have an easier time developing an autonomy, which is the next stage of socio-emotional development. According to Magda
Gerber and Allison Johnson (1998), it is important for caregivers and parents to use every opportunity as a learning
opportunity for infants. Daily routines are windows of opportunities for parents and caregivers to help infants and caregivers
establish trust and build attachment with infants.

Discipline—

Attachment parents seek to understand the biological and psychological needs of the children, and to avoid unrealistic
expectations of child behavior. In setting boundaries and limits that are appropriate to the age of the child, AP takes into
account the physical and psychological stage of development that the child is currently experiencing. In this way, parents
may seek to avoid the frustration that occurs when they expect things their child is not capable of.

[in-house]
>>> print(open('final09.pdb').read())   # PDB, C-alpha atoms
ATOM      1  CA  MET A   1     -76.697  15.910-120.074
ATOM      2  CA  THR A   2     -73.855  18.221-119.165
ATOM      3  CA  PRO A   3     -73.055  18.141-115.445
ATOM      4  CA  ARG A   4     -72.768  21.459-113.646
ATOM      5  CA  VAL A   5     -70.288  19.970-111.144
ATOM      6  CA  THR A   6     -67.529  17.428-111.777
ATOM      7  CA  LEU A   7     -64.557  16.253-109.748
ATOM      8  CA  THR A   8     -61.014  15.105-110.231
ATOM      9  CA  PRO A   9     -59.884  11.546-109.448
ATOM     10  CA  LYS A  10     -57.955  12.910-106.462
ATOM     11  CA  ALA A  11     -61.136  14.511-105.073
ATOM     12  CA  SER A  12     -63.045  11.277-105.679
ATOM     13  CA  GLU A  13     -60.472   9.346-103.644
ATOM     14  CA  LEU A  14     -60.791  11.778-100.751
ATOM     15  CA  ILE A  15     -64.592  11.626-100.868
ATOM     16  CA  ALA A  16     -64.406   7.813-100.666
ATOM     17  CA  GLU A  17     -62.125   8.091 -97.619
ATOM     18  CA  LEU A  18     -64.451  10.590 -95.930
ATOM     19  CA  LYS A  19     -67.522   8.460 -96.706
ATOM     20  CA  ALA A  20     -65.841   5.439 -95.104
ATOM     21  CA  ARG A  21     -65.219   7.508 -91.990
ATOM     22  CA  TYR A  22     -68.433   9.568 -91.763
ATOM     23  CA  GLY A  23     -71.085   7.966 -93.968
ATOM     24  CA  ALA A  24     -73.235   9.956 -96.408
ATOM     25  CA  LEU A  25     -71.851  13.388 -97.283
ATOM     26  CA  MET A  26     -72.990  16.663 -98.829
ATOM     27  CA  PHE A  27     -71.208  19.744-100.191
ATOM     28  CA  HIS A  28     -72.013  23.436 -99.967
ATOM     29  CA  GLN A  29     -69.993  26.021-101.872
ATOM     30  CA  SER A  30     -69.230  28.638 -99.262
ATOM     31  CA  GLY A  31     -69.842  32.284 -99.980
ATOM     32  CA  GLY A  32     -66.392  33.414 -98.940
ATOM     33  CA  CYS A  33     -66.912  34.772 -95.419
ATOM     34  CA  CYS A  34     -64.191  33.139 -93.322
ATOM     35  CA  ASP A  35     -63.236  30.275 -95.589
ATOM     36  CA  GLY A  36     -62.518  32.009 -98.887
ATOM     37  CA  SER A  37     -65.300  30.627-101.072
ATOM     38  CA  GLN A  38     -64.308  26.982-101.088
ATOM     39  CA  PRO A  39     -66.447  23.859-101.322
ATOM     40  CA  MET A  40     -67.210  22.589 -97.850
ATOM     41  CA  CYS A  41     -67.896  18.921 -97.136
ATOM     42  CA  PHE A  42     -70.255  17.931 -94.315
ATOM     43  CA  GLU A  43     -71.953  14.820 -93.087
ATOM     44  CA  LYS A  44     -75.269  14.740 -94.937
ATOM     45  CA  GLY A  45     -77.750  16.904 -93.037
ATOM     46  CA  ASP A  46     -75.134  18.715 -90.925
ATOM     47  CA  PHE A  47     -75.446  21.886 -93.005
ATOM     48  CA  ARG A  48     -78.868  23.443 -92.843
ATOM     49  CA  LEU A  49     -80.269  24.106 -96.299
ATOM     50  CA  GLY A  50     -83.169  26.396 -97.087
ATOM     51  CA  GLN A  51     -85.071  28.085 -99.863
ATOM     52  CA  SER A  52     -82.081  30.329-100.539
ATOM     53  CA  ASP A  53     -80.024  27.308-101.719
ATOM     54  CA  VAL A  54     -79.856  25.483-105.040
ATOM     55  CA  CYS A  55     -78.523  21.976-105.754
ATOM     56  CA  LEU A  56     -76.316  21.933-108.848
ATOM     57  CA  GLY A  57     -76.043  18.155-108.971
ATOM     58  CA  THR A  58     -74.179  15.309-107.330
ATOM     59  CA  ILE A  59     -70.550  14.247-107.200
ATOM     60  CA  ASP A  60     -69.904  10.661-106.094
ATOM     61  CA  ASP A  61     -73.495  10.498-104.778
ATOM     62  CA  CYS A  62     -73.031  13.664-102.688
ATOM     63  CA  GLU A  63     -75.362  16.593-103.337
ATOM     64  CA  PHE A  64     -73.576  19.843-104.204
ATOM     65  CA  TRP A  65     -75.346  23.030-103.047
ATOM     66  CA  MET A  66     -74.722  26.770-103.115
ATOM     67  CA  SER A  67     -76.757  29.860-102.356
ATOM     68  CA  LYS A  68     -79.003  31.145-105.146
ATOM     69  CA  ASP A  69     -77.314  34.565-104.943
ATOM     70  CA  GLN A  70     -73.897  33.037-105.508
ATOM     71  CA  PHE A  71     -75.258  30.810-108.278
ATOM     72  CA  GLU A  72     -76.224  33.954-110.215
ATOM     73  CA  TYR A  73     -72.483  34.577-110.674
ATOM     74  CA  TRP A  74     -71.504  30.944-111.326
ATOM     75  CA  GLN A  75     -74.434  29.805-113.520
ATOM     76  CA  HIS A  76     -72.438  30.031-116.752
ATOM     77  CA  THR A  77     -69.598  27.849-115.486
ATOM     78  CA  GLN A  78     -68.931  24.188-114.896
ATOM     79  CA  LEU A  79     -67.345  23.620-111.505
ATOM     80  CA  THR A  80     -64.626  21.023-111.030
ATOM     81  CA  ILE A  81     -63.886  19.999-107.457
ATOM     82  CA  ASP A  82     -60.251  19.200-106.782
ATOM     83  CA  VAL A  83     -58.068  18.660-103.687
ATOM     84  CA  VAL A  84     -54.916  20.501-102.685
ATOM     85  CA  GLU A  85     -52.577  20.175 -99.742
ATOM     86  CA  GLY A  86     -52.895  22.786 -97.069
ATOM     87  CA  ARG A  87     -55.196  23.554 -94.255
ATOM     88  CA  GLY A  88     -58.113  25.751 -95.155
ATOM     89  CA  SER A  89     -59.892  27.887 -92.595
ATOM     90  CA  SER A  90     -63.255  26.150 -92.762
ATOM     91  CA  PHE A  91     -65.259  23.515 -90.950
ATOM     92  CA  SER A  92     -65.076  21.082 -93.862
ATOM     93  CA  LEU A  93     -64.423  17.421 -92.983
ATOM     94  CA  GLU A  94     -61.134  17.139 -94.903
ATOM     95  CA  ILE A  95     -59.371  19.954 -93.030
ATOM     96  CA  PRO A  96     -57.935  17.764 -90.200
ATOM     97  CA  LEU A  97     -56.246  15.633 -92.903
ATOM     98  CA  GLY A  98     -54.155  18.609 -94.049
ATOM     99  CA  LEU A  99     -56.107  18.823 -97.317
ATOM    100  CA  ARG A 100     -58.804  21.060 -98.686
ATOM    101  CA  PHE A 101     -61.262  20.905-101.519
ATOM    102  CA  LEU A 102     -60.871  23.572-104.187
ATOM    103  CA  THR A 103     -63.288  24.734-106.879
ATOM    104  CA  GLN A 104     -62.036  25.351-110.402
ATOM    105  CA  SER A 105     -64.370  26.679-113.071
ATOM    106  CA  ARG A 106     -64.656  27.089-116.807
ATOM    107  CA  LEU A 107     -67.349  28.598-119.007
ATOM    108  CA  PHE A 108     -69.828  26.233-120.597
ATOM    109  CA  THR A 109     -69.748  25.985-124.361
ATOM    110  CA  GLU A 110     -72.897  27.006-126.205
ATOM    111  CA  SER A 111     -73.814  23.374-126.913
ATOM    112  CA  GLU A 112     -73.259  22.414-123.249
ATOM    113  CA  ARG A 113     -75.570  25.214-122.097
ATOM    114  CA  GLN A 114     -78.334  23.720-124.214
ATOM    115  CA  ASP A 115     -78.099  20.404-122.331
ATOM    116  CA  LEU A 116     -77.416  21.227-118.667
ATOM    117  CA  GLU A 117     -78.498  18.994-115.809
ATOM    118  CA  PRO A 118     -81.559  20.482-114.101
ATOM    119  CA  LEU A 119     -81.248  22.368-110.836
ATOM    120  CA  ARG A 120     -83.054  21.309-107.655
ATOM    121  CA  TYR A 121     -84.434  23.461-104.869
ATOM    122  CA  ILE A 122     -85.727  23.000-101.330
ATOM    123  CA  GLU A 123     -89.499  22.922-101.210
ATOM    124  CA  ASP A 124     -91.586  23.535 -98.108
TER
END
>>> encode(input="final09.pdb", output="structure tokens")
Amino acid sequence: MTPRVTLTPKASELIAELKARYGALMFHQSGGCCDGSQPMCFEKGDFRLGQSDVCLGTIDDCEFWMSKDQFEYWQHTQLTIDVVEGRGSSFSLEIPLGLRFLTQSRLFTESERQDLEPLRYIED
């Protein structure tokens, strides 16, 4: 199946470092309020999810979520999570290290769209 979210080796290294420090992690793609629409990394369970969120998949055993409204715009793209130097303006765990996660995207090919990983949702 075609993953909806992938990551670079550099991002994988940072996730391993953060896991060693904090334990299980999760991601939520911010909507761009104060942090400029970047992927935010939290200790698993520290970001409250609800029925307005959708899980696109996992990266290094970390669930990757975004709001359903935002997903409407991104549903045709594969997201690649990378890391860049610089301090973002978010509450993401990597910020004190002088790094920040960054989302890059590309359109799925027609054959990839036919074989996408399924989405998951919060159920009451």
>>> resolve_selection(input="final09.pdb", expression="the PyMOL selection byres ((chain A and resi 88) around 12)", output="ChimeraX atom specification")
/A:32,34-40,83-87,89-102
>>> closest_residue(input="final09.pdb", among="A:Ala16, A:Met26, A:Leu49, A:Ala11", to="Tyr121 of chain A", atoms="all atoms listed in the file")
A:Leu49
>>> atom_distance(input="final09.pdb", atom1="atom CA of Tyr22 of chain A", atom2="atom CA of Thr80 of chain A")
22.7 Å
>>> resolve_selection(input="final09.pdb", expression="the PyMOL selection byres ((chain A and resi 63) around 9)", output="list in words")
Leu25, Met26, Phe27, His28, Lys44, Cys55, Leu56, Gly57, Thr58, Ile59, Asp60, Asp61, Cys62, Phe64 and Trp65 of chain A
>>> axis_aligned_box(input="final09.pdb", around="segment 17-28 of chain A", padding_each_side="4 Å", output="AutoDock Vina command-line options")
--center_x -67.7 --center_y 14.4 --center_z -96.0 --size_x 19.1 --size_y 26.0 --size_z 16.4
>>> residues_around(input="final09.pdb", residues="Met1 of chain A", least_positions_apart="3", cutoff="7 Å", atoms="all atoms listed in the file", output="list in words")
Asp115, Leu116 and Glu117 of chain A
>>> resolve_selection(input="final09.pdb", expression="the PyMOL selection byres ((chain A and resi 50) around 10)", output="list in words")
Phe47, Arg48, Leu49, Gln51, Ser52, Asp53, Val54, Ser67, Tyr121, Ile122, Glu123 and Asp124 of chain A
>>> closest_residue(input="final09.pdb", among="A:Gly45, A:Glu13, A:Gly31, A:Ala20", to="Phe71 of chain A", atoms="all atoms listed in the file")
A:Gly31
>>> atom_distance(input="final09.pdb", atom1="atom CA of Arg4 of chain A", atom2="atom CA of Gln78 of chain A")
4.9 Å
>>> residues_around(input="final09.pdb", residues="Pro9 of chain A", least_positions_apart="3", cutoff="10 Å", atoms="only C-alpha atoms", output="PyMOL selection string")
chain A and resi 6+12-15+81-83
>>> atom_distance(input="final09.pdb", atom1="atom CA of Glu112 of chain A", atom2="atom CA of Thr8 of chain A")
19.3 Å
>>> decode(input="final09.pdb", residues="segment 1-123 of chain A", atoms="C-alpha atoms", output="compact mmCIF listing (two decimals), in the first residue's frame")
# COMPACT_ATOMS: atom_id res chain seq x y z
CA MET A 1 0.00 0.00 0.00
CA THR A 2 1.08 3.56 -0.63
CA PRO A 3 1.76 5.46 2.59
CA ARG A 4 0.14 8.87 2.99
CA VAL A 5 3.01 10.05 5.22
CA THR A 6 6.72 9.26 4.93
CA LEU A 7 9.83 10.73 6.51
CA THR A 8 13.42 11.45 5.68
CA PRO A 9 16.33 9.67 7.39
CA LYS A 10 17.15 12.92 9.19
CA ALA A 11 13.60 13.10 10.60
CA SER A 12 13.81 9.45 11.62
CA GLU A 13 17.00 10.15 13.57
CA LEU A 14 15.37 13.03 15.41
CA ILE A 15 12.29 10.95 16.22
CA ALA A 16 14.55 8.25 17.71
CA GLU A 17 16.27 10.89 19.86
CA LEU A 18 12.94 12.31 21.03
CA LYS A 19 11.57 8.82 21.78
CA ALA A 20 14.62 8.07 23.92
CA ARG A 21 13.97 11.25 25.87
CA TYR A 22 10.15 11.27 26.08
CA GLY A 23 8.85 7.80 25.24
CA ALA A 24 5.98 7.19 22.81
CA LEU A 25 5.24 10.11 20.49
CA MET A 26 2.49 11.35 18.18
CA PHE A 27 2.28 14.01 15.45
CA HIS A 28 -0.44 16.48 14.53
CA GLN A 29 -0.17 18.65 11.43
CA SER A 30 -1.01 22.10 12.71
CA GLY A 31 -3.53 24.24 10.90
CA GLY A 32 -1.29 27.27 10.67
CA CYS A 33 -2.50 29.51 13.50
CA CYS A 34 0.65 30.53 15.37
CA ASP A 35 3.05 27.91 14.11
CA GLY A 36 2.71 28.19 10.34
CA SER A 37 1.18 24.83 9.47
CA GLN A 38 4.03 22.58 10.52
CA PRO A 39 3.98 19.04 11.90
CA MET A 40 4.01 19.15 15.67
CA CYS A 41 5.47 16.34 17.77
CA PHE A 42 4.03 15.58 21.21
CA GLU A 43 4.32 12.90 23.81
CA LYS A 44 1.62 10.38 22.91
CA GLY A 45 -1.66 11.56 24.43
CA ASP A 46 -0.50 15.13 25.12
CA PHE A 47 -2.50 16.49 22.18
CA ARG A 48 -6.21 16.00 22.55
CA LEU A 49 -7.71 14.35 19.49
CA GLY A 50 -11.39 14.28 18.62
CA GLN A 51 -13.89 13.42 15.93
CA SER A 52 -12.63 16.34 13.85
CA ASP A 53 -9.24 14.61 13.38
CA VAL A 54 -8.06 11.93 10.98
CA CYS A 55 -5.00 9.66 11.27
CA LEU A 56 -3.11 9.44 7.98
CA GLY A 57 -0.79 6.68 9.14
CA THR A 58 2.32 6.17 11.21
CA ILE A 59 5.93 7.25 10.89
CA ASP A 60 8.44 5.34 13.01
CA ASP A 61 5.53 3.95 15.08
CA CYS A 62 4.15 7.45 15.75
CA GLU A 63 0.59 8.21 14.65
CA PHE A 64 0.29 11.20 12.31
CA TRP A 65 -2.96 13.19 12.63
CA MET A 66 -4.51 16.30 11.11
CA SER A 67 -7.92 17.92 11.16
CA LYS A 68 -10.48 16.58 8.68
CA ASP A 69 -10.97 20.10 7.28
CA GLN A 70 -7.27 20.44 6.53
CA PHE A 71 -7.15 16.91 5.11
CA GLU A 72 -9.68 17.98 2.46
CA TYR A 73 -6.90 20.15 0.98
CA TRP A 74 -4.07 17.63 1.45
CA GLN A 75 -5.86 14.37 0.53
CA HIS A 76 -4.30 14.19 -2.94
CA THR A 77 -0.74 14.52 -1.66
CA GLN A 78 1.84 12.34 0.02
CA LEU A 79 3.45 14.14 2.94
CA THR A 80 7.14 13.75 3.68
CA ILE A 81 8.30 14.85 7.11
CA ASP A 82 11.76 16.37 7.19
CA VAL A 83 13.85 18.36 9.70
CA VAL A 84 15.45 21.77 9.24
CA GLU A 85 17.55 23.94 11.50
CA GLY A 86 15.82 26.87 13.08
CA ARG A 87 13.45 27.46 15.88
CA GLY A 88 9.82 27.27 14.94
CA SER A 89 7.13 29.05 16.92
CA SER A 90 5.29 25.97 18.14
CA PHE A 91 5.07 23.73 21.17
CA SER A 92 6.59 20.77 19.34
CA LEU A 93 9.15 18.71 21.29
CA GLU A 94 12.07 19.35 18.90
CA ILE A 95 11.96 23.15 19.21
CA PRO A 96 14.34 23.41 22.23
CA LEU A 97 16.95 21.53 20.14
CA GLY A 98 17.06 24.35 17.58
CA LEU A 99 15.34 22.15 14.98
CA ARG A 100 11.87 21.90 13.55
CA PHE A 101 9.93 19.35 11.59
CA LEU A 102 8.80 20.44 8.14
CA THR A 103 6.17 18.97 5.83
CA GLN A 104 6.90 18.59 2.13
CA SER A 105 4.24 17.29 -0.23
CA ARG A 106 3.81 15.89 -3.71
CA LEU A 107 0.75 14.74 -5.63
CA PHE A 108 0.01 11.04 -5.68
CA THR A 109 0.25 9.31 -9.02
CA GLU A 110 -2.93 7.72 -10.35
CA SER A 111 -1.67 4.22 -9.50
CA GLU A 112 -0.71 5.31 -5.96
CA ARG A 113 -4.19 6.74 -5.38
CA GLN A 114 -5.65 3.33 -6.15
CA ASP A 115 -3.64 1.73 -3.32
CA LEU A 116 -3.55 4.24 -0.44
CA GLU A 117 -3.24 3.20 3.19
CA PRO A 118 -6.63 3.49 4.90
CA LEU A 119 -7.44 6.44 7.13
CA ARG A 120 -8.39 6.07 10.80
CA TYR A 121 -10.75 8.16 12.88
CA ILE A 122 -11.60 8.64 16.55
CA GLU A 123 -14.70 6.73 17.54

AP holds that it is of vital importance to the survival of the child that he be capable of communicating his needs to the adults
and having those needs promptly met. Dr. Sears advises that while still an infant, the child is mentally incapable of outright
manipulation. Sears says that in the first year of life, a child's needs and wants are one and the same. Unmet needs are
believed, by Dr. Sears and other AP proponents, to surface beginning immediately in attempts to fulfill that which was left
unmet.

AP looks at child development as well as infant and child biology to determine the psychologically and biologically
appropriate response at different stages. AP does not mean meeting a need that a child can fulfill himself. It means
understanding what the needs are, when they arise, how they change over time and circumstances, and being flexible in
devising ways to respond appropriately. Also their job is to come up with ideas of things to do for their children.

Similar practices are called natural parenting, instinctive parenting, intuitive parenting, immersion parenting or "continuum
concept" parenting.